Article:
How long will vendor elimination take?

By Michael Feit | Sole Provider

Feb 28

Often before beginning the vendor elimination process, the big question is, “How long will this take?"

There are two approaches to vendor elimination. The first is the “pull off the Band-Aid” approach, whereby management buys-in and then the decision is announced with no planning or re-resourcing of content. Let the chips fall where they may.

This approach may work well in certain circumstances, but it is not the approach we recommend.  The approach that Feit Consulting advises aims to make the transition to sole provider as seamless and painless as possible.

Our preferred approach requires strategic planning, stakeholder management, time and commitment.The complexity of this process is largely dependent upon the intricacies of each firm and the length will vary accordingly.  Business plan development, presentation and follow-up is estimated to take 4-5 months.  If the firm decides to move forward with the sole provider option, the next steps include conducting a Gap Analysis and developing replacements and work-arounds, taking 2- 4 months.

Today, eliminating Westlaw is a much more difficult task than that of eliminating Lexis.  In the process of a Westlaw elimination, gaining associate buy-in will likely consume the greatest amount of time, but minimizing associate push-back will ensure success. Therefore, the timeframe to eliminate Westlaw (6-12 months) is significantly longer than that of Lexis (1-4 months).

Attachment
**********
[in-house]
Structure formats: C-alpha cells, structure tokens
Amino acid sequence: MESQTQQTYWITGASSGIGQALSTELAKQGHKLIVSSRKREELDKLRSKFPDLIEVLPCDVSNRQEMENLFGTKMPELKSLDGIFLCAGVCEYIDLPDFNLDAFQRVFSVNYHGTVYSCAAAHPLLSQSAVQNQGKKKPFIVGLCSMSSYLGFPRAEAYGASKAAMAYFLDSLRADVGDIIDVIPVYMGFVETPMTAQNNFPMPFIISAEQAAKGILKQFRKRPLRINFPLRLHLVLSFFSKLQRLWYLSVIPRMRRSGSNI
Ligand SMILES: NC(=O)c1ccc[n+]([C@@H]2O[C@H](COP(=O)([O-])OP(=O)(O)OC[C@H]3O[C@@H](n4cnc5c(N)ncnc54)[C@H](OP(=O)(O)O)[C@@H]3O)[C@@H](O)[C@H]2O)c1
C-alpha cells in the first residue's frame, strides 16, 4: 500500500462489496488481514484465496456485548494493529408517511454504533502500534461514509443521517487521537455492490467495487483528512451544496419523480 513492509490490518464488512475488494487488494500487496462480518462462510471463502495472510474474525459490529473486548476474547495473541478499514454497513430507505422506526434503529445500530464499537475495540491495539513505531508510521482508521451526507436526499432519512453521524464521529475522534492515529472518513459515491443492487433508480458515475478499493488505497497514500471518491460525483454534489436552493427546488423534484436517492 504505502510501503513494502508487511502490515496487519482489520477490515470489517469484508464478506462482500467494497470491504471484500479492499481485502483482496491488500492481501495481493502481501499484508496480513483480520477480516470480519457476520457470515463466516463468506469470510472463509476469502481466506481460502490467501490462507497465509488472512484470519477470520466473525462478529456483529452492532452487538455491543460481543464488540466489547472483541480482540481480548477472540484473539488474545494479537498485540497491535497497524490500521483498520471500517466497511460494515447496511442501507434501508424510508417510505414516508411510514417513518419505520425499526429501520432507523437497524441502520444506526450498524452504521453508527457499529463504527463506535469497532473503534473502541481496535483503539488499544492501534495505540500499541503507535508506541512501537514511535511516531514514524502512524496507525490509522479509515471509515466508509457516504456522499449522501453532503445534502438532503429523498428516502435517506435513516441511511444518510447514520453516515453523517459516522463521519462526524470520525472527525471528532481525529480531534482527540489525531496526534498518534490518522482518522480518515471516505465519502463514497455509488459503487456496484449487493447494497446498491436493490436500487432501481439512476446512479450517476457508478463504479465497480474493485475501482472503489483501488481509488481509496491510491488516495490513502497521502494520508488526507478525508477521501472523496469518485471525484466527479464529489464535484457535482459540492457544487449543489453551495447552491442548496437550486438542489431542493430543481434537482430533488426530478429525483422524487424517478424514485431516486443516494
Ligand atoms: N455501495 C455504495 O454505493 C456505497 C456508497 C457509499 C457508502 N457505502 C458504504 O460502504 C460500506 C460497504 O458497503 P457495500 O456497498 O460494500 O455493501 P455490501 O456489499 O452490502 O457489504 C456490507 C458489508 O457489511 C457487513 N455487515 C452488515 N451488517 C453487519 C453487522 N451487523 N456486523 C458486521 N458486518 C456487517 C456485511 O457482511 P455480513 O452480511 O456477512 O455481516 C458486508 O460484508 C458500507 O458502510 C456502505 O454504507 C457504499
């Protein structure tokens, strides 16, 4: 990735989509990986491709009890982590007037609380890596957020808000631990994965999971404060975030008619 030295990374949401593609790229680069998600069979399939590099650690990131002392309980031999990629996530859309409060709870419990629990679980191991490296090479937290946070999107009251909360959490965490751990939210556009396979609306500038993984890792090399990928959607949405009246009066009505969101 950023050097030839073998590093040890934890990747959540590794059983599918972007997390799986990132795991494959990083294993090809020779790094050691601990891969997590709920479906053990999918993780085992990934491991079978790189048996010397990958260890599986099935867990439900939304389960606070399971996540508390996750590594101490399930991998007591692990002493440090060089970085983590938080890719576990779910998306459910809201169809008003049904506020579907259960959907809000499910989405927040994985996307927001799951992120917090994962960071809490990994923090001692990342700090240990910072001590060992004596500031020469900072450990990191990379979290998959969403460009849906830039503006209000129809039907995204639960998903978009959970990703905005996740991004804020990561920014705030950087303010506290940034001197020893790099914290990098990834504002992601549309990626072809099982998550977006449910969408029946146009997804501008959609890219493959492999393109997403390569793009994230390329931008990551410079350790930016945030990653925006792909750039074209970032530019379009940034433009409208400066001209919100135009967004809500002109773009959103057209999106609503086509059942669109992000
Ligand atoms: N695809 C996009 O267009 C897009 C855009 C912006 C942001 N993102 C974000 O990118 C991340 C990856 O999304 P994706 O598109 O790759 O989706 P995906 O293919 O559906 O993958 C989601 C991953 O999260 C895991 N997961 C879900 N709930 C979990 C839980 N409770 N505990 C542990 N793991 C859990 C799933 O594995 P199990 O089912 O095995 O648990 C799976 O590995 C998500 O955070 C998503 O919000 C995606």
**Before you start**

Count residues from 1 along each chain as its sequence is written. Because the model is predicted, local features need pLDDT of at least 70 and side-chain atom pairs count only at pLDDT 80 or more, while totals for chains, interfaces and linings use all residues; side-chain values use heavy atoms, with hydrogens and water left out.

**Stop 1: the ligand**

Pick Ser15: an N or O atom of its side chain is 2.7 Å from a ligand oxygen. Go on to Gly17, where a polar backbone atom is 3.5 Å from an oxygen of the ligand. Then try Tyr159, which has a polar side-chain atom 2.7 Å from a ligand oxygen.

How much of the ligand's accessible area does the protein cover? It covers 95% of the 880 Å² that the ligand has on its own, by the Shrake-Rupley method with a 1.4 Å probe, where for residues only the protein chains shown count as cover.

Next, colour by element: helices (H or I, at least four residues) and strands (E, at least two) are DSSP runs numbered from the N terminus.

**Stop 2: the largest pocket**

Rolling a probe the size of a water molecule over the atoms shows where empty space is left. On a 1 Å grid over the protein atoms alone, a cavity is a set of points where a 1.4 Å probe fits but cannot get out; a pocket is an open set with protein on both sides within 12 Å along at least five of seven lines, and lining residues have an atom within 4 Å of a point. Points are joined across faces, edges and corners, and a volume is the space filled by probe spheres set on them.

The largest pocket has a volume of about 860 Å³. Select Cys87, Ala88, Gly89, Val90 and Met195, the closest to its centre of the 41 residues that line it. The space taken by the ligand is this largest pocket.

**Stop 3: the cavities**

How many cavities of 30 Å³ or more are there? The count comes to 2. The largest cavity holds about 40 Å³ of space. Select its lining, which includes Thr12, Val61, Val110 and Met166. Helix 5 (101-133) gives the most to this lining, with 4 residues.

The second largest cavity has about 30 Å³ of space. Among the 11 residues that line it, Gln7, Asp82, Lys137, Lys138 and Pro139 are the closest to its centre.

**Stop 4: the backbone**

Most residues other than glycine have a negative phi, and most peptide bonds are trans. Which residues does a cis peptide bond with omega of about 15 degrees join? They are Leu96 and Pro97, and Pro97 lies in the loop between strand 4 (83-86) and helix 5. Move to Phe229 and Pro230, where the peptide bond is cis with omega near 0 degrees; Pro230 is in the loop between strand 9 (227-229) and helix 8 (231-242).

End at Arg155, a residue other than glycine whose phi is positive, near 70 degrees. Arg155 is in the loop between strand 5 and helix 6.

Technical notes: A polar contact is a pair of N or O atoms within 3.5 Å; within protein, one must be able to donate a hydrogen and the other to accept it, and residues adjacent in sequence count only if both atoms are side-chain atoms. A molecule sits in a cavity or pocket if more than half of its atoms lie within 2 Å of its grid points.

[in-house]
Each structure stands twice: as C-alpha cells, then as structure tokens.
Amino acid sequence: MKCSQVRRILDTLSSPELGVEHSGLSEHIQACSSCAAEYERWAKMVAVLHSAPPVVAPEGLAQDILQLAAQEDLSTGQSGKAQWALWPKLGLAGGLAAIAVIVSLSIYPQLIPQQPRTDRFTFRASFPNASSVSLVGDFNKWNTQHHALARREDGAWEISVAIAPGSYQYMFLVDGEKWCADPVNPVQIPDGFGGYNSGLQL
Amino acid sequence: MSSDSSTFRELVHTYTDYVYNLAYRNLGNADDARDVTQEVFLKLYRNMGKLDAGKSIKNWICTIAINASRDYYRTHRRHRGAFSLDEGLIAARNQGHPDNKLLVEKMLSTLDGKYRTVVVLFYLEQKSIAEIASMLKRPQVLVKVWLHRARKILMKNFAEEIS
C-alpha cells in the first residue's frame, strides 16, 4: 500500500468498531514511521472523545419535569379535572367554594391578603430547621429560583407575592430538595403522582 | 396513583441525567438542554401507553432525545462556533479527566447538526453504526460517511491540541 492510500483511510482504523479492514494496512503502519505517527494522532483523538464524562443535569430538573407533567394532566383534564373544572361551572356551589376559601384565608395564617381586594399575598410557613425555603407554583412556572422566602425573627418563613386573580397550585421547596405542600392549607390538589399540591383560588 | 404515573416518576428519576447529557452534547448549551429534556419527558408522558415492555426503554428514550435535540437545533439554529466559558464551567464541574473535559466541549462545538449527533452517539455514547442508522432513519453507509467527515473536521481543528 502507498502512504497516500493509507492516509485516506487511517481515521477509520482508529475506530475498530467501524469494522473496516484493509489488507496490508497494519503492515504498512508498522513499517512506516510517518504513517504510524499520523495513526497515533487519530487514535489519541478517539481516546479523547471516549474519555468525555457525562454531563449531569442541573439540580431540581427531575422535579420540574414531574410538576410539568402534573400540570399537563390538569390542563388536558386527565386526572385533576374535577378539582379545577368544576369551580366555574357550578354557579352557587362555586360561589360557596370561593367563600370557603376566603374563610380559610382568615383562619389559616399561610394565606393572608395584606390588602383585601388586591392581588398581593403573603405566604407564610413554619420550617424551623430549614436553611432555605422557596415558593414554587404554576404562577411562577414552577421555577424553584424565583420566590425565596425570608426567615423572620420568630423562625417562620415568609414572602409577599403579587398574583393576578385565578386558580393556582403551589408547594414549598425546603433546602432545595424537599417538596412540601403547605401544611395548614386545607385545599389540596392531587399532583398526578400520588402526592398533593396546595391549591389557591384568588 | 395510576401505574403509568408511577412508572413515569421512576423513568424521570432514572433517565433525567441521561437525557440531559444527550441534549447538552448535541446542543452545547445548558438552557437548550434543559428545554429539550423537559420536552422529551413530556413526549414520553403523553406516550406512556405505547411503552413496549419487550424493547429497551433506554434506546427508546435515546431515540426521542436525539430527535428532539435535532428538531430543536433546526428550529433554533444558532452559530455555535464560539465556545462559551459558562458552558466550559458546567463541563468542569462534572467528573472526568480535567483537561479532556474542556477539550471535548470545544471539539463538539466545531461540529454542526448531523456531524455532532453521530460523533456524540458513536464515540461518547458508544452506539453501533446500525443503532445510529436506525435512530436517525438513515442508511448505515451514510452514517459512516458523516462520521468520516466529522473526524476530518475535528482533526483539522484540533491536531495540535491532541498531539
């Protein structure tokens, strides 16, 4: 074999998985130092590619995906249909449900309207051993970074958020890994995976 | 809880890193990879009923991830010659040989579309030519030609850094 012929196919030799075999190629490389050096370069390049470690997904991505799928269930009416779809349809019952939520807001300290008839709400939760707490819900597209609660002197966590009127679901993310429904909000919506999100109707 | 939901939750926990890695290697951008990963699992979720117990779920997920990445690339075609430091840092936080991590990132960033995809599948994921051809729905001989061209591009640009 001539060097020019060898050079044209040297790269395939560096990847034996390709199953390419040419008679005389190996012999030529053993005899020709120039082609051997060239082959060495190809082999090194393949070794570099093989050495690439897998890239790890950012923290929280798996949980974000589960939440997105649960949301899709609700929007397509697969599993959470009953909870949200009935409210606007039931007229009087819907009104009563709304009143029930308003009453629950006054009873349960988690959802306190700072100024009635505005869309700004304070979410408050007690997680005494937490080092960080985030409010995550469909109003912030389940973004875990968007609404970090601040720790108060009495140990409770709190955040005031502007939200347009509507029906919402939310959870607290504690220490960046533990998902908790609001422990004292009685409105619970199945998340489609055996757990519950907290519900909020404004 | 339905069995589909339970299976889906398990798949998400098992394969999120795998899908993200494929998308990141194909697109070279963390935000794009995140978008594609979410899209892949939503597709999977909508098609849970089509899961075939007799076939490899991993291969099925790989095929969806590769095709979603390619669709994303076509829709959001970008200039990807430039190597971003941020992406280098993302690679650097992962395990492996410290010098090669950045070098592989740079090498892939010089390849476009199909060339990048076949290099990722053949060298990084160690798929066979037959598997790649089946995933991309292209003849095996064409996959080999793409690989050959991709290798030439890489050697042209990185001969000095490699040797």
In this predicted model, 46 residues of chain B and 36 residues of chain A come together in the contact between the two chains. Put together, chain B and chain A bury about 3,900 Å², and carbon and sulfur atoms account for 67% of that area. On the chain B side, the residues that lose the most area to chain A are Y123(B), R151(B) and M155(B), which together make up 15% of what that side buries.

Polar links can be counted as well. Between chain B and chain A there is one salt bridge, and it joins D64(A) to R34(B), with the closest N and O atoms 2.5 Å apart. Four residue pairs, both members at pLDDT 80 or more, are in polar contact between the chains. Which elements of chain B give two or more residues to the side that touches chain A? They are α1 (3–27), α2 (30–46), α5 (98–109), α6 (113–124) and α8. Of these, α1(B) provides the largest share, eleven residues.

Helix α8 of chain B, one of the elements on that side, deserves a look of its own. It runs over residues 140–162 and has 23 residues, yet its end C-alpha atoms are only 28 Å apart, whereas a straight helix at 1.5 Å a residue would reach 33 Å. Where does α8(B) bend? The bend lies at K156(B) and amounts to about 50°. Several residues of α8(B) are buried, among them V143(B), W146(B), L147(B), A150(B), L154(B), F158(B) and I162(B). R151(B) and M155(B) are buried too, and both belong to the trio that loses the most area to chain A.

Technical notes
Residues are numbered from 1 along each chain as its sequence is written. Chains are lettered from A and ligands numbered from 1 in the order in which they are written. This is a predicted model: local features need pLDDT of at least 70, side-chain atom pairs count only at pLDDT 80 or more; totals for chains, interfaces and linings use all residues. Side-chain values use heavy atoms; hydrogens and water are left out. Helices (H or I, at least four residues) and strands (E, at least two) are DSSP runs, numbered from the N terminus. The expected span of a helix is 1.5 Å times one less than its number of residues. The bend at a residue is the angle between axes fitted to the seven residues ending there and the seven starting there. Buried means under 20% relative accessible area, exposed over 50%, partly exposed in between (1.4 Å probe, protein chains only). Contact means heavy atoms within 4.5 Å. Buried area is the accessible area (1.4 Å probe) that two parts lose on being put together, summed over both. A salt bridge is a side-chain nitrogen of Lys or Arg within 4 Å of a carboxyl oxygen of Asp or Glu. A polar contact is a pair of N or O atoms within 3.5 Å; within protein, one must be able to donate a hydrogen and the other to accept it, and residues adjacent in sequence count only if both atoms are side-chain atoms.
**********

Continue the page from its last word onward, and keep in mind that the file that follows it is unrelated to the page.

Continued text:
Lastly, allocating 3-6 months to transition processes and people from two vendors is beneficial. In sum, adequate planning and execution to eliminate Westlaw can take 15-27 months, and for Lexis elimination: 10-19 months.

Often before beginning the vendor elimination process, the big question is, “How long will this take?” There are two approaches to vendor elimination. The first is the “pull off the Band-Aid” approach, whereby Management buys in, and then the decision is announced with no planning or re-resourcing of content. Let the chips fall where they may.

About the Author

Michael Feit earned his J.D. from the Loyola University School of Law in Chicago and was an executive at Westlaw before founding Feit Consulting 16 years ago. Feit Consulting partners with law firm administrators and legal information professionals to optimize vendor contracts and the management and delivery of legal information resources by providing leading-edge, customized solutions. Contact Michael at mike@feitconsulting.com